Tazewell (VA) School Board Members Think It’s Okay to Have Pastors Deliver Invocations at Meetings December 17, 2015

Tazewell (VA) School Board Members Think It’s Okay to Have Pastors Deliver Invocations at Meetings

The Tazewell County School Board in Virginia used to begin their meetings with prayer, which we all know is absolutely illegal.

But you’ll be happy to know they’re ending that practice after realizing that it violates the law.

Instead, they’ll just invite local pastors to deliver the prayers, not realizing that’s still a big problem.

“Number one we want to comply with the law of the land, and two we want to stand up and defend our beliefs and traditions,” [board member David] Woodard said. “We’ve always prayed before our meetings, and don’t plan to stop.”

But the individual school board members will no longer be leading the prayer. Instead, invited guests, including clergy members from Tazewell County and concerned citizens, will now be charged with delivering the monthly invocation.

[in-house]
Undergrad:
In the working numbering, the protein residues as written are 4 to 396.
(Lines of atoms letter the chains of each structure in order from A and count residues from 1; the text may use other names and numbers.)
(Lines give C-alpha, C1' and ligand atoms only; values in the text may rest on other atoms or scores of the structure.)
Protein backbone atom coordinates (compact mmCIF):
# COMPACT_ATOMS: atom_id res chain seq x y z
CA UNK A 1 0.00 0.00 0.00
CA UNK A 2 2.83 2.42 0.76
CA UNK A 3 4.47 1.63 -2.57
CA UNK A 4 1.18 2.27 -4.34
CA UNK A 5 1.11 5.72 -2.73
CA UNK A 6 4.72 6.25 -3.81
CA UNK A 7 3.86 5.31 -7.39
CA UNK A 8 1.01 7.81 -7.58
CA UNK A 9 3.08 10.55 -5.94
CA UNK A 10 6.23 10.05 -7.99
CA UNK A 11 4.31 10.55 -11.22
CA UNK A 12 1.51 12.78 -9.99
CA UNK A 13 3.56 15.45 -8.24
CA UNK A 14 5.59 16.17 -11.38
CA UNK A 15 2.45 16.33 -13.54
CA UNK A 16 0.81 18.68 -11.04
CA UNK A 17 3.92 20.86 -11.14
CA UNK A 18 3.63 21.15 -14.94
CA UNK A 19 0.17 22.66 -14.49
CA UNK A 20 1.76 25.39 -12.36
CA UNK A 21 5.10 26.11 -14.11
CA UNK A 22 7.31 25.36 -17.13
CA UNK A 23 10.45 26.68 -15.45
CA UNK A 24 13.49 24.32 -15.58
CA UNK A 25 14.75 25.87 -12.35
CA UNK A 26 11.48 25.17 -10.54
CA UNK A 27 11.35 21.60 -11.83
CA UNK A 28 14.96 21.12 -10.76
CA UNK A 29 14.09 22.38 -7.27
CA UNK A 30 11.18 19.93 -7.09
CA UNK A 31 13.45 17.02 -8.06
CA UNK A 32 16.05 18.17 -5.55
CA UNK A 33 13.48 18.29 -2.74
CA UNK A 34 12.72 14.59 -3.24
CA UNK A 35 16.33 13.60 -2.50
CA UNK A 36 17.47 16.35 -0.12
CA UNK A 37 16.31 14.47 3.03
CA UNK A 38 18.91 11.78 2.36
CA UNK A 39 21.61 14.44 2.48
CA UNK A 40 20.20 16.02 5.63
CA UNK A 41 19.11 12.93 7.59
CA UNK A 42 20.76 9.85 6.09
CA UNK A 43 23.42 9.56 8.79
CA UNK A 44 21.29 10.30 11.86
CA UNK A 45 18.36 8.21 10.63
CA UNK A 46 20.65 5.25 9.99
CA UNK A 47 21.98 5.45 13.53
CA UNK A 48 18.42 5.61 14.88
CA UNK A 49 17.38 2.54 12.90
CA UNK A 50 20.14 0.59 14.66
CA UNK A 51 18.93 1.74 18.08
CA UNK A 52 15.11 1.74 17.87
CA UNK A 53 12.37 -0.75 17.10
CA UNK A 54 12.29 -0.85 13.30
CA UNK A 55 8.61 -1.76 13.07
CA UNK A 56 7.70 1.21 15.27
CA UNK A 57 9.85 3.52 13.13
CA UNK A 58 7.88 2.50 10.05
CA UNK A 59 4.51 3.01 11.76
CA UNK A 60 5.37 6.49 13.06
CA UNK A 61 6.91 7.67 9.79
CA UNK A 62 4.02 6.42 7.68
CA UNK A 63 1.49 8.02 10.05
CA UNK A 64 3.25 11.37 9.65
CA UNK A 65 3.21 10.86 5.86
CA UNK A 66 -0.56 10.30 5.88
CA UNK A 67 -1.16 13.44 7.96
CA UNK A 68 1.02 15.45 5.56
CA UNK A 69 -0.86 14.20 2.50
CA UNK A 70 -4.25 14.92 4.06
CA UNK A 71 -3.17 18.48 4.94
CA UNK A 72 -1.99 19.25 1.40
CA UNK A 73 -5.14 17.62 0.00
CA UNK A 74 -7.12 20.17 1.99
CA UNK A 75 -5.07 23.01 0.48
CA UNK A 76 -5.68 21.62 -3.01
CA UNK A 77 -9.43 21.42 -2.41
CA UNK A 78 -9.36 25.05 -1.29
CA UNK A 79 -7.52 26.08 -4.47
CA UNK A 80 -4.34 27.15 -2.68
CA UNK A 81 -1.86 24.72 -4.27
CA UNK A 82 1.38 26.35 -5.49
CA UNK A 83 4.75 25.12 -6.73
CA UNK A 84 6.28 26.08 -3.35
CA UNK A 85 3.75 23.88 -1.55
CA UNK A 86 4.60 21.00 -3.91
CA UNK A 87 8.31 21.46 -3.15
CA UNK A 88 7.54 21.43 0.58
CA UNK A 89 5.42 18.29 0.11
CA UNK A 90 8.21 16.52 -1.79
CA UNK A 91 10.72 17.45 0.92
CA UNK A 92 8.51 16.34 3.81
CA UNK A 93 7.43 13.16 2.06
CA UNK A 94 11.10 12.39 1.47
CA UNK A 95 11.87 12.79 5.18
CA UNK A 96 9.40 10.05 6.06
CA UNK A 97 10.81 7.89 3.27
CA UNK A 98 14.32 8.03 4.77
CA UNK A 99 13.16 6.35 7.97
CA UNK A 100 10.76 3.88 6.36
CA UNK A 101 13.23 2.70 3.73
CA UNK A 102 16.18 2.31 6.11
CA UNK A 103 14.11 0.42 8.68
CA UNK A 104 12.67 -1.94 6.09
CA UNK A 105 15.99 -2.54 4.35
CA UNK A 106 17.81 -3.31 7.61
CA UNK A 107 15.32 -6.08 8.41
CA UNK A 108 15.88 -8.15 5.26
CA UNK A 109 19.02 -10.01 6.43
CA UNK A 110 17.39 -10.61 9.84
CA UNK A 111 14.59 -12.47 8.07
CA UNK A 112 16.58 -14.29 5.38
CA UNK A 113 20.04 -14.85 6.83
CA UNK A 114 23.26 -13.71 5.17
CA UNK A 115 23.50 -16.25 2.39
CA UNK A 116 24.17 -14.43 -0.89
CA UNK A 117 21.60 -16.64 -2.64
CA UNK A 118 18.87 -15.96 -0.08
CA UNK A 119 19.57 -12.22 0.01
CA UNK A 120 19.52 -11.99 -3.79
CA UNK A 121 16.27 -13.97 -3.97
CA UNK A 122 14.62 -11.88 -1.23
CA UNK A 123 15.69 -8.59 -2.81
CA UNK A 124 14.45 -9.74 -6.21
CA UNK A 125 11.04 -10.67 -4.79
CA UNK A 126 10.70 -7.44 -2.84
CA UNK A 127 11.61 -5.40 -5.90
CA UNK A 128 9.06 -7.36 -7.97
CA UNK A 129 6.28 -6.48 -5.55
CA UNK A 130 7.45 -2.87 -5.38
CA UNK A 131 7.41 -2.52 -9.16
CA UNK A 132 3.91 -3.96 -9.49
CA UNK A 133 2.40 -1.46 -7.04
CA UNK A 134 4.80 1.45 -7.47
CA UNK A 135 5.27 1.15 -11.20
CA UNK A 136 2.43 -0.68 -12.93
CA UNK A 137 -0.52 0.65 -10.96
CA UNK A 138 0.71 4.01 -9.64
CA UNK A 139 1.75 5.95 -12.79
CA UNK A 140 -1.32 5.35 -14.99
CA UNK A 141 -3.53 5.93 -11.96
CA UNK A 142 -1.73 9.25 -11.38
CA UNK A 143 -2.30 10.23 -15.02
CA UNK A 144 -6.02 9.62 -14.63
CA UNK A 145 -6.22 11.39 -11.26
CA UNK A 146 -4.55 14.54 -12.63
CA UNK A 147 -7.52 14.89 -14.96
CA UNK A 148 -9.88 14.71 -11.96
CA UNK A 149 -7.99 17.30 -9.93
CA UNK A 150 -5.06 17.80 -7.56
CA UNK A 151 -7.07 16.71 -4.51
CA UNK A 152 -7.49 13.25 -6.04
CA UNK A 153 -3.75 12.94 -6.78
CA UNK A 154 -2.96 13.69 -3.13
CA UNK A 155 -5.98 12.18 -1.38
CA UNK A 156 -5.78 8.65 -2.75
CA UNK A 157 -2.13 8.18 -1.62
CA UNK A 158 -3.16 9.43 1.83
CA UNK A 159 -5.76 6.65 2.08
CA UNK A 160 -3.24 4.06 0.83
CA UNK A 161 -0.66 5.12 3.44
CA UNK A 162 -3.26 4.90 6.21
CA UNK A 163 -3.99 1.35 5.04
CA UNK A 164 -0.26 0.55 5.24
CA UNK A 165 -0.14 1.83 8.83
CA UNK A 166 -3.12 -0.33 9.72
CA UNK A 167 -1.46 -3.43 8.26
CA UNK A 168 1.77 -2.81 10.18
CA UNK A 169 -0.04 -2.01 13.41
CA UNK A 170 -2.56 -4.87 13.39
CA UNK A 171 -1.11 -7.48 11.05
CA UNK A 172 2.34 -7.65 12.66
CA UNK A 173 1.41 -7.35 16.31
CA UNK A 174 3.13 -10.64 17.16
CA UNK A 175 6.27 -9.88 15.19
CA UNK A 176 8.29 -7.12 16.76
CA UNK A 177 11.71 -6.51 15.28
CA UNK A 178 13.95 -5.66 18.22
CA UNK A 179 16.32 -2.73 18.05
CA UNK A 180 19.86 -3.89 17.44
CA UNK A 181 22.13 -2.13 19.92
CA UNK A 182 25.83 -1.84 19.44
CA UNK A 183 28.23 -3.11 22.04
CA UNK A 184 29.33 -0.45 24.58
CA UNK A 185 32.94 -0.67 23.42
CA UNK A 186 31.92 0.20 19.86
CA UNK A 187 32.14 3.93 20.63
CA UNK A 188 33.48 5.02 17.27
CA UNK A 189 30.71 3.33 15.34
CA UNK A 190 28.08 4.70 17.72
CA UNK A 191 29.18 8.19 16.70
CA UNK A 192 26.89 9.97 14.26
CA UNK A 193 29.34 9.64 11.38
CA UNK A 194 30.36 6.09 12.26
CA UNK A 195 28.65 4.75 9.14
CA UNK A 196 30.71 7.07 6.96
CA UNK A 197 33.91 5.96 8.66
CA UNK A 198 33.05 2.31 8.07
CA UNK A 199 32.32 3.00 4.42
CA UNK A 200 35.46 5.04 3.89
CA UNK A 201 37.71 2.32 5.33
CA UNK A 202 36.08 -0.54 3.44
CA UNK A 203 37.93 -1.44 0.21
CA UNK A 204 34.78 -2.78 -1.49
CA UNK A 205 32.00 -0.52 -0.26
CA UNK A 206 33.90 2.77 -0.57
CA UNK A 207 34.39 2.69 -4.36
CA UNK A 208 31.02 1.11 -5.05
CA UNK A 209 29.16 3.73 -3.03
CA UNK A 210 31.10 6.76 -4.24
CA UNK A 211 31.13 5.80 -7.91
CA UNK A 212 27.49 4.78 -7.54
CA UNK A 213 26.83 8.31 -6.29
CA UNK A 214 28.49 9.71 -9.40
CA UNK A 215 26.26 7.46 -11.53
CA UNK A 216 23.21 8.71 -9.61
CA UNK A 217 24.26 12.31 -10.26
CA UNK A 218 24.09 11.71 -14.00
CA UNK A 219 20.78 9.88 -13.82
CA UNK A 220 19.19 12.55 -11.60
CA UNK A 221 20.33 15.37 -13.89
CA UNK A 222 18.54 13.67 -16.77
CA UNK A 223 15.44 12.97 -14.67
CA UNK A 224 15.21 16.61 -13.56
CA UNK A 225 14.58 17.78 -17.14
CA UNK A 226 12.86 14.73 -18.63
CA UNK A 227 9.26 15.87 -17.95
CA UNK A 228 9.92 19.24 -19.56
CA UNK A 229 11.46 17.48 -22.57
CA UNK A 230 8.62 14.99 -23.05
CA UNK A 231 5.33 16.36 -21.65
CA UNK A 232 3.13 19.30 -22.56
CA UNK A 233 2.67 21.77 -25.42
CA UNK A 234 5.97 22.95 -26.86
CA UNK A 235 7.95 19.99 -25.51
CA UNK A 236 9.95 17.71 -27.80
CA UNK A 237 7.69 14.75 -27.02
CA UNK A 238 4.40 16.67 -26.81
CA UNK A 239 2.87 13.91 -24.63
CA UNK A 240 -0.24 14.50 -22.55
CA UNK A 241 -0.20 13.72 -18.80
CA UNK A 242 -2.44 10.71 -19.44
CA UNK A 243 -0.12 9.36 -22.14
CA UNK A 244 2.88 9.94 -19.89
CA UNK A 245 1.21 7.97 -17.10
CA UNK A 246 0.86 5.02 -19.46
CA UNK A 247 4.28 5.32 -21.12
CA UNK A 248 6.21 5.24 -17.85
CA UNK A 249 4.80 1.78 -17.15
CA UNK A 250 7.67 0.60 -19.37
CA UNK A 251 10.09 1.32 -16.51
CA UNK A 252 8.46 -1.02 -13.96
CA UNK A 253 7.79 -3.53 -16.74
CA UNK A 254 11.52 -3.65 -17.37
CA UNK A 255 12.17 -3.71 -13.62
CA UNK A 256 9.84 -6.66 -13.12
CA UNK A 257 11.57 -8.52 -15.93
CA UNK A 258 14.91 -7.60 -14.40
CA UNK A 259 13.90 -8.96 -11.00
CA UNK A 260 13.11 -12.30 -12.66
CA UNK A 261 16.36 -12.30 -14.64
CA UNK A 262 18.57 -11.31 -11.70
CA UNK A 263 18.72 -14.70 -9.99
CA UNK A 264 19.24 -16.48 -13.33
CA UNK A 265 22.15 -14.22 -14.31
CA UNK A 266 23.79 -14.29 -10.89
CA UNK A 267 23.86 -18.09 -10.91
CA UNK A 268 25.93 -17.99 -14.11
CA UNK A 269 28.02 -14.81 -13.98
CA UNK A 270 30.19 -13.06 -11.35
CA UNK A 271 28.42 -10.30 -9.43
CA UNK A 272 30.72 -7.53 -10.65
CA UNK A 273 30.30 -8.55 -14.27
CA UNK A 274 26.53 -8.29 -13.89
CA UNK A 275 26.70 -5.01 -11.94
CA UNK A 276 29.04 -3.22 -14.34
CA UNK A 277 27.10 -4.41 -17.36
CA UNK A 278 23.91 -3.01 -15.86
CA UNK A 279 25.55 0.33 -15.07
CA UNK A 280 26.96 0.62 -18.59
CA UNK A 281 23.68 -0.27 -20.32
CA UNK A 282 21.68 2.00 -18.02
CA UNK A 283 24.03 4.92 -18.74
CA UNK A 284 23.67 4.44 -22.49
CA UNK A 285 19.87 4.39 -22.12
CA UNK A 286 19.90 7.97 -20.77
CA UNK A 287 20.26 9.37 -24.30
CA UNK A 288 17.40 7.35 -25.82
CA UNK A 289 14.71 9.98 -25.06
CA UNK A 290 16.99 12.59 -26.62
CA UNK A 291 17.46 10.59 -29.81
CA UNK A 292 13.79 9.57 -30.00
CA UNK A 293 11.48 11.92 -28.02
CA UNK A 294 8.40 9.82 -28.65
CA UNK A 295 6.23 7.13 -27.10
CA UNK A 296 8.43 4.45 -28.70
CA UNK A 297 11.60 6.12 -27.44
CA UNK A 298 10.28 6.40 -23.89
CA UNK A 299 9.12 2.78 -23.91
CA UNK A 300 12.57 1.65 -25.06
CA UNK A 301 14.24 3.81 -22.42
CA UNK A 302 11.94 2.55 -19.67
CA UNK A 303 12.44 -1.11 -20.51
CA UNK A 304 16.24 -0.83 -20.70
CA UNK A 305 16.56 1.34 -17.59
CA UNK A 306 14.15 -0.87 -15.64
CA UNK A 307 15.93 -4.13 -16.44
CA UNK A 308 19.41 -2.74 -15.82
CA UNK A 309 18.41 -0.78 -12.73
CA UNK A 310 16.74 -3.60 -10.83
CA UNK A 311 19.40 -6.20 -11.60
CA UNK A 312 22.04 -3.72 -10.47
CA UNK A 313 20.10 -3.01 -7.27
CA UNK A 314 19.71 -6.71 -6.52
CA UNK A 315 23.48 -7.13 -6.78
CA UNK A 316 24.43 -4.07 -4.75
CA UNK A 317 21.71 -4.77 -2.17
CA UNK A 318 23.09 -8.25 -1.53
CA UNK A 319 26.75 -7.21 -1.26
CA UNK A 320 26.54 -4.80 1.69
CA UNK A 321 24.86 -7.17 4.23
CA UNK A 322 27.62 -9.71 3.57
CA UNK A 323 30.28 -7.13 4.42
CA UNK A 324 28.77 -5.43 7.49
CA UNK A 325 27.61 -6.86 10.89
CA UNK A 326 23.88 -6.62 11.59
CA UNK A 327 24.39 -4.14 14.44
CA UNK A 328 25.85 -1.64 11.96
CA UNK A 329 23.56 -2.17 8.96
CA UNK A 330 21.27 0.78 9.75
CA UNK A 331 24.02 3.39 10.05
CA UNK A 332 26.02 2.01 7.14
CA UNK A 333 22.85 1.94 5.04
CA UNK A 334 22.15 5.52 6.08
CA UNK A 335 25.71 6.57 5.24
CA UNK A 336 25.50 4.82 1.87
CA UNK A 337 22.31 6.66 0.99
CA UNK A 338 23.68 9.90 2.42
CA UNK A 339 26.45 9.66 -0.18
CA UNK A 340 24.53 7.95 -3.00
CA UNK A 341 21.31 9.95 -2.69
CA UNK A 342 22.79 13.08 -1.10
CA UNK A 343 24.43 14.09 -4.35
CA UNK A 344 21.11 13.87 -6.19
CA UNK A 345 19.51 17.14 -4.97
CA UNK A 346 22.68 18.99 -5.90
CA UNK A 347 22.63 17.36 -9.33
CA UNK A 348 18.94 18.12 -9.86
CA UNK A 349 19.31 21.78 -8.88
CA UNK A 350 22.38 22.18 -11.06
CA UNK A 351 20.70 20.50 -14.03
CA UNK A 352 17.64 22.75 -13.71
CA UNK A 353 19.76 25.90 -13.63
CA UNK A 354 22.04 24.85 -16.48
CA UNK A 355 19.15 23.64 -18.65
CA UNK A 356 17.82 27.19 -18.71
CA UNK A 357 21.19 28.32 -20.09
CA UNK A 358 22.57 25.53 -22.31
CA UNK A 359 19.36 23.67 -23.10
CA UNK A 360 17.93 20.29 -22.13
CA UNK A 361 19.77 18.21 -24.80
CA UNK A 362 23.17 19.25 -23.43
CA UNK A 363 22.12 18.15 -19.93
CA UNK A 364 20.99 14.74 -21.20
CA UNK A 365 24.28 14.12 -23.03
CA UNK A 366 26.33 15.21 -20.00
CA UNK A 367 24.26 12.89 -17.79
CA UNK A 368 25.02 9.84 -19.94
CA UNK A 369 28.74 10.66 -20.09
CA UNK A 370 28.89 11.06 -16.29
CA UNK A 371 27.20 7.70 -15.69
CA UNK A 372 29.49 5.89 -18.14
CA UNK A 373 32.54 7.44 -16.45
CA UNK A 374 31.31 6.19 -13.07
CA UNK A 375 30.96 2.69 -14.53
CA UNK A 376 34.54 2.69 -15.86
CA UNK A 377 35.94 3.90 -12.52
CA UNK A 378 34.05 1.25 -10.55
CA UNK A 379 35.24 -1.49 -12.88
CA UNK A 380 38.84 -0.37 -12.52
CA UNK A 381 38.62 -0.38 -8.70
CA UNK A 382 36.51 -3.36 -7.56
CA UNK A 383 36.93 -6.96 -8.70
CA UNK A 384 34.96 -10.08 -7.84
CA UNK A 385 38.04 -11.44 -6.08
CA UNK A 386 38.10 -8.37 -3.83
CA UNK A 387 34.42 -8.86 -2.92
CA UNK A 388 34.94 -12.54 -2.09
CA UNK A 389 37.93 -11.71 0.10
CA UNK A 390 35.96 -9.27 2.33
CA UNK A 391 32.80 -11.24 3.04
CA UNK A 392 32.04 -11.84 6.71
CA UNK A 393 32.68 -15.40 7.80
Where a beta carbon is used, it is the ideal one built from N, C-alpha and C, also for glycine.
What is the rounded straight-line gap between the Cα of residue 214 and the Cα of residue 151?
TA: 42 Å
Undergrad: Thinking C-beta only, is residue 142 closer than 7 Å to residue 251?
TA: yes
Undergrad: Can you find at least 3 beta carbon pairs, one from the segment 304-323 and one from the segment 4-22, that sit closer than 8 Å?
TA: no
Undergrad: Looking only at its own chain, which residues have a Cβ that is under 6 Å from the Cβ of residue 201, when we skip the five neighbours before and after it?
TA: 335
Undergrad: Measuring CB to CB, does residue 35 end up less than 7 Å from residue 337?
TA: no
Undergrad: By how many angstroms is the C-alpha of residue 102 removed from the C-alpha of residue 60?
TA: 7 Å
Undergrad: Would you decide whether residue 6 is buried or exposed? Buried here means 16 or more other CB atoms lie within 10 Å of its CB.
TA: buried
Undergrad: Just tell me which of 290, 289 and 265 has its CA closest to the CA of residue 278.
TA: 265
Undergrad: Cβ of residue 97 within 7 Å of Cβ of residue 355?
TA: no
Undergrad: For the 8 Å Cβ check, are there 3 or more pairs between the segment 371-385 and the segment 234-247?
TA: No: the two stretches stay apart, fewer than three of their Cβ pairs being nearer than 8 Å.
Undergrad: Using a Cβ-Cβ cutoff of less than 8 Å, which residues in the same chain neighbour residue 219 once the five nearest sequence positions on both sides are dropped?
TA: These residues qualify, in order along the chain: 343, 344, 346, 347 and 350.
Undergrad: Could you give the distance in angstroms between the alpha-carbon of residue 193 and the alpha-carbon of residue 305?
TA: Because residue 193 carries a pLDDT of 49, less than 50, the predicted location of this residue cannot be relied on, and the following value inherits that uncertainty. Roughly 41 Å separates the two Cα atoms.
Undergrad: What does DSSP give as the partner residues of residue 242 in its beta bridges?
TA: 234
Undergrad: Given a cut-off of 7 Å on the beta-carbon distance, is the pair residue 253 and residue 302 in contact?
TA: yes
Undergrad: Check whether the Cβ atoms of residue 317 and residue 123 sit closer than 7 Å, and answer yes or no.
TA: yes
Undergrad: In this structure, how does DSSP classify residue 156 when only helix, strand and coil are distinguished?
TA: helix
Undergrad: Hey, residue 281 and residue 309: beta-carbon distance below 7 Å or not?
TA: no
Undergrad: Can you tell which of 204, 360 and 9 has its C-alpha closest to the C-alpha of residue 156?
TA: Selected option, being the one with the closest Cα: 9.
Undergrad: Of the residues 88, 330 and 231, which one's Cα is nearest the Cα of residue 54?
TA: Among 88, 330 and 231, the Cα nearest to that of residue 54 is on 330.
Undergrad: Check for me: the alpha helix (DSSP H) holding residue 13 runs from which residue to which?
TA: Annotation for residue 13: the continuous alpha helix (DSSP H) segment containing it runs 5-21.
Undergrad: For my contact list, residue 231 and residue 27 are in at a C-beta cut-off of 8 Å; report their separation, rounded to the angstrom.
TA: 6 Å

Woodard claims he wants the school board to be in line with the 2014 Supreme Court Greece decision. What he doesn’t get is that the law allowing outsider, sectarian invocations only applies to city council meetings and the like.

School board meetings are different beasts altogether and no prayers are allowed there at all.

Over 60 years of U.S. Supreme Court decisions have affirmed that religious ritual and indoctrination are inappropriate and illegal in public schools, including at graduations and other school-sponsored events. Over 50 years of Supreme Court precedent has firmly ruled school prayer or prayer at school events unconstitutional even if the prayer is non-denominational or supported by a majority. The First Amendment protects minority and individual rights of conscience from tyranny of the majority. A school board meeting is a school-sponsored event and is subject to Establishment Clause precedent involving public schools.

I’m tempted to say that it would just take a Satanist or atheist requesting to deliver the invocation to end the practice completely — but that should be unnecessary. Invocations of any kind have no place at school board meetings and it’s about time members of this school board educate themselves on how the law works. If they don’t do it, I promise you a church/state separation group will force their hand.

(Image via Shutterstock. Thanks to Brian for the link)


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